President Trump's forcing out of Jeff Sessions has cast doubt on the future of Robert Mueller's investigation—especially since Sessions' replacement, Acting Attorney General Matthew Whitaker, has long been a critic of the probe. Whitaker, who served as Sessions' chief of staff, has repeatedly accused the Mueller investigation of overreach and said last year that if funding could be cut off, "his investigation grinds to almost a halt." He also tweeted a link describing the probe as a "witch hunt." A senior administration official tells the Washington Post that Whitaker, who met with Trump at least a dozen times, tended to smile and nod in agreement whenever the president complained about the Mueller investigation. More:
- Outcry from Democrats. Democrats viewed the move as a clear attempt to crush the Russia election-meddling probe and called for Whitaker to recuse himself as Sessions had done, the BBC reports. "Congress must take immediate action to protect the rule of law and integrity of the investigation," Nancy Pelosi tweeted, citing Whitaker's "records of threats to undermine & weaken the Russia investigation."
- What Whitaker could do. The New York Times takes a look at what Whitaker can and can't do to curtail Mueller's investigation. He could shrink the budget of the special counsel's office, block subpoenas, and order Mueller to stop investigating specific matters. But to fire Mueller, he would have to either find reasons to fire him for misconduct or, in order to fire him without cause, revoke the regulations protecting Mueller.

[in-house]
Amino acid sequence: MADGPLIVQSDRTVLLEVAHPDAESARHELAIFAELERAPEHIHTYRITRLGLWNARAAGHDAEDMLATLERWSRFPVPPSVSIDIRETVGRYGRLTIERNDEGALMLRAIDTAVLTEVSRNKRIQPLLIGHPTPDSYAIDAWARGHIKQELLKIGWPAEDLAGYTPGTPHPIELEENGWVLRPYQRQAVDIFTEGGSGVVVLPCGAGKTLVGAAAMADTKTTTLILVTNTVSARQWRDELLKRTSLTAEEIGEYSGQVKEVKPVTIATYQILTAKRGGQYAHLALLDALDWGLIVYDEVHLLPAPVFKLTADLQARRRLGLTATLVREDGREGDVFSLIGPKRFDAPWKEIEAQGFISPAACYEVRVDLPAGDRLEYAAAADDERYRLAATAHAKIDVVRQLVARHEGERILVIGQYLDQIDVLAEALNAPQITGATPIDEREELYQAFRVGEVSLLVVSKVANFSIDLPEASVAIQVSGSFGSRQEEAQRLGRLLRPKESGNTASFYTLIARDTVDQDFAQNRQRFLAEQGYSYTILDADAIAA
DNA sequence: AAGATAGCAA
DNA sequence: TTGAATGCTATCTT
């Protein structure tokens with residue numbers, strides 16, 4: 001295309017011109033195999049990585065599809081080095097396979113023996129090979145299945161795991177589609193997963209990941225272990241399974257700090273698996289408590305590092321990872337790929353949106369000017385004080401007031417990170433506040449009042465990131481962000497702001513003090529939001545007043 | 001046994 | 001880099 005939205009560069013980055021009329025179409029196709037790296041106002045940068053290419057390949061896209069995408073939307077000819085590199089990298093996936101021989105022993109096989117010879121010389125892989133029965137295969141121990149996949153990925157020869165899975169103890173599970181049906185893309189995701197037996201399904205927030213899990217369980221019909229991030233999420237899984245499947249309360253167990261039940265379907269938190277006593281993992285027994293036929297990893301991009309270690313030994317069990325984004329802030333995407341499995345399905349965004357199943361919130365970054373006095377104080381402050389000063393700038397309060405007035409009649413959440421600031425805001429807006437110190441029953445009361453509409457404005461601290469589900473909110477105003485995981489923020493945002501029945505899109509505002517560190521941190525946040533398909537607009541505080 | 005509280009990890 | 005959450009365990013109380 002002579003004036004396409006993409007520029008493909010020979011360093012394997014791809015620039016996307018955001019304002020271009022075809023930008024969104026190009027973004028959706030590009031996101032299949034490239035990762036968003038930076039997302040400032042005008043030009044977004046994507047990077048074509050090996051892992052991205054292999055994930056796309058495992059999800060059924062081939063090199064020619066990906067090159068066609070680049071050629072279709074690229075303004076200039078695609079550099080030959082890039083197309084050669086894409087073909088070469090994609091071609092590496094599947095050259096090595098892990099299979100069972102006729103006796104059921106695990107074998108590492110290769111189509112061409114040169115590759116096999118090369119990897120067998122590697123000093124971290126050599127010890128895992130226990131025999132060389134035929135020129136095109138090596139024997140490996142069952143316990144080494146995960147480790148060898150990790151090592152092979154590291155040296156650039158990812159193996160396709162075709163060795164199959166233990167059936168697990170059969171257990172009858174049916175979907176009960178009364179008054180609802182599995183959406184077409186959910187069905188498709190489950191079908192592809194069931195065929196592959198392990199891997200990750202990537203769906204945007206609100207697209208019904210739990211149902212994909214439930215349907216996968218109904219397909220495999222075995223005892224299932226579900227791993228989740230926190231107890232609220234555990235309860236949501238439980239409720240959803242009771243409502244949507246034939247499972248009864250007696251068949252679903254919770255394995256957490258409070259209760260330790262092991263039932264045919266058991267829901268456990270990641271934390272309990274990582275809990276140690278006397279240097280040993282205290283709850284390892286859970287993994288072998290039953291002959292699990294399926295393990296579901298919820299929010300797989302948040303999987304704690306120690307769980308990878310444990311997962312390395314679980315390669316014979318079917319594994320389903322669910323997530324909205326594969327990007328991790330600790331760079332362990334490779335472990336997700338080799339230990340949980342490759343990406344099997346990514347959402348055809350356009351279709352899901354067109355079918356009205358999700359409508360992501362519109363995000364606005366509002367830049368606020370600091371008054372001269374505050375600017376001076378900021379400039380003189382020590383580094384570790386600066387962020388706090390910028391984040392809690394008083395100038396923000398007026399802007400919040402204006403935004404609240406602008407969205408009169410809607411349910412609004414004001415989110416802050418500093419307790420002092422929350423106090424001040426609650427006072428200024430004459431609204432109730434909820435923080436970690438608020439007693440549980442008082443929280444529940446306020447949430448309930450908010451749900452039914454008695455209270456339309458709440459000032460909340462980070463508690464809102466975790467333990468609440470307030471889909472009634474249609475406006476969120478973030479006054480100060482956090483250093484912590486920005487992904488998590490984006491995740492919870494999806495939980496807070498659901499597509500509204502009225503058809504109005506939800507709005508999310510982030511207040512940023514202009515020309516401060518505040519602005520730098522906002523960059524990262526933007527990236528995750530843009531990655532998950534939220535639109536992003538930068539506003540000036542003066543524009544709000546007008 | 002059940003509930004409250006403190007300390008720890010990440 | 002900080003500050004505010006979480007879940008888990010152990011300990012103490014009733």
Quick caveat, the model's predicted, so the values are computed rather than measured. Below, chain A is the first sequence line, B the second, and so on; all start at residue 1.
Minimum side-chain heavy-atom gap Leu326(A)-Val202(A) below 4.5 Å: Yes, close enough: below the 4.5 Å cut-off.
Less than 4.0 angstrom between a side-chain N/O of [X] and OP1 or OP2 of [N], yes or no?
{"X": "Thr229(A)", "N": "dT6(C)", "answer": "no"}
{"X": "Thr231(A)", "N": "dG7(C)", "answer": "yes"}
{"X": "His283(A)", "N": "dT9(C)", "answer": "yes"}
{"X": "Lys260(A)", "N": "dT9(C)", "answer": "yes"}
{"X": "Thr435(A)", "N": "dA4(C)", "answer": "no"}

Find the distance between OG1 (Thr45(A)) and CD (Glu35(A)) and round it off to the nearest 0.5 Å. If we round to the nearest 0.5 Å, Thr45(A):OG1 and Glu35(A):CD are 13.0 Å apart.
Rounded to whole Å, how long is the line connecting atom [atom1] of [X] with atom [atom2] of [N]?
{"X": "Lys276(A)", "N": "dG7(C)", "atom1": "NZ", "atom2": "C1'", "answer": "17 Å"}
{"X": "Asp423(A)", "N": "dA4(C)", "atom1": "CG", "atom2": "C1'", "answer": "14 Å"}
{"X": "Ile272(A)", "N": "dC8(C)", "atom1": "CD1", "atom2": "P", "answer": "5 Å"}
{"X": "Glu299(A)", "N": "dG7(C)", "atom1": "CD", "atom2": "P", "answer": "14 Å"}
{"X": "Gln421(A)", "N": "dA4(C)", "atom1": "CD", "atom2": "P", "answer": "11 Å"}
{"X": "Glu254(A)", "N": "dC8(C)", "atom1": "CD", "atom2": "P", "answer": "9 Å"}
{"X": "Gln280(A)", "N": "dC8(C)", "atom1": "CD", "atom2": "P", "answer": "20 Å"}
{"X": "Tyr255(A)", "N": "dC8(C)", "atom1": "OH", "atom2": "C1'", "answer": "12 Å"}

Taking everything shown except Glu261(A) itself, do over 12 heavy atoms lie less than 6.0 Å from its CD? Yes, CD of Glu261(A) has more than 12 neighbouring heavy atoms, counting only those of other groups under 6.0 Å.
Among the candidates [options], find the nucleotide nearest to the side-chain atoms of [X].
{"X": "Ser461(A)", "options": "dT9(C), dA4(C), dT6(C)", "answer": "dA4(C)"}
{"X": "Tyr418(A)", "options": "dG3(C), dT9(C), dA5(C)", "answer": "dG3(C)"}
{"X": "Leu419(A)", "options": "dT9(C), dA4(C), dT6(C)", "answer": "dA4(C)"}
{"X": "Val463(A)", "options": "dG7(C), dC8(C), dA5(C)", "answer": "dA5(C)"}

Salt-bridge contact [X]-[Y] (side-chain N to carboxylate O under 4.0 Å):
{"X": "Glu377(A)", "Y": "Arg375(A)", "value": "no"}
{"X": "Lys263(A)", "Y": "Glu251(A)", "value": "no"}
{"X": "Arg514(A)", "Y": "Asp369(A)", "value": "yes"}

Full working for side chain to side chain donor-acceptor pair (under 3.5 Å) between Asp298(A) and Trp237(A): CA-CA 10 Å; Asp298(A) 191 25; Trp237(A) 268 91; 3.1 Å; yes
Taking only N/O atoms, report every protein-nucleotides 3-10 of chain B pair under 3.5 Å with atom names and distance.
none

- "A political fishing expedition." In an opinion piece for CNN last year, Whitaker warmed that the Mueller investigation could turn into a "political fishing expedition" if it didn't limit its scope. He wrote that he found it "deeply concerning" that Mueller was reportedly crossing a "red line" by looking into Trump's finances. Click for the full piece.
- A gift to Democrats? Politico describes the dismissal of Sessions as having handed House Democrats their first investigation "on a silver platter." Incoming committee chairmen have already sent letters to the administration calling for the preservation of all materials "relevant to the work of the Office of the Special Counsel or the departure of the Attorney General."
- GOP says probe must go on. Republicans including Sen. Susan Collins and Mitt Romney warned Trump that the Mueller investigation must go on, the Guardian reports. "It is imperative that the Administration not impede the Mueller investigation," Collins tweeted. "Special Counsel Mueller must be allowed to complete his work without interference." She praised Sessions as a "leader of integrity who served his country well."
(Weeks before the firing, Trump said it was "sad" that he "didn't have an attorney general."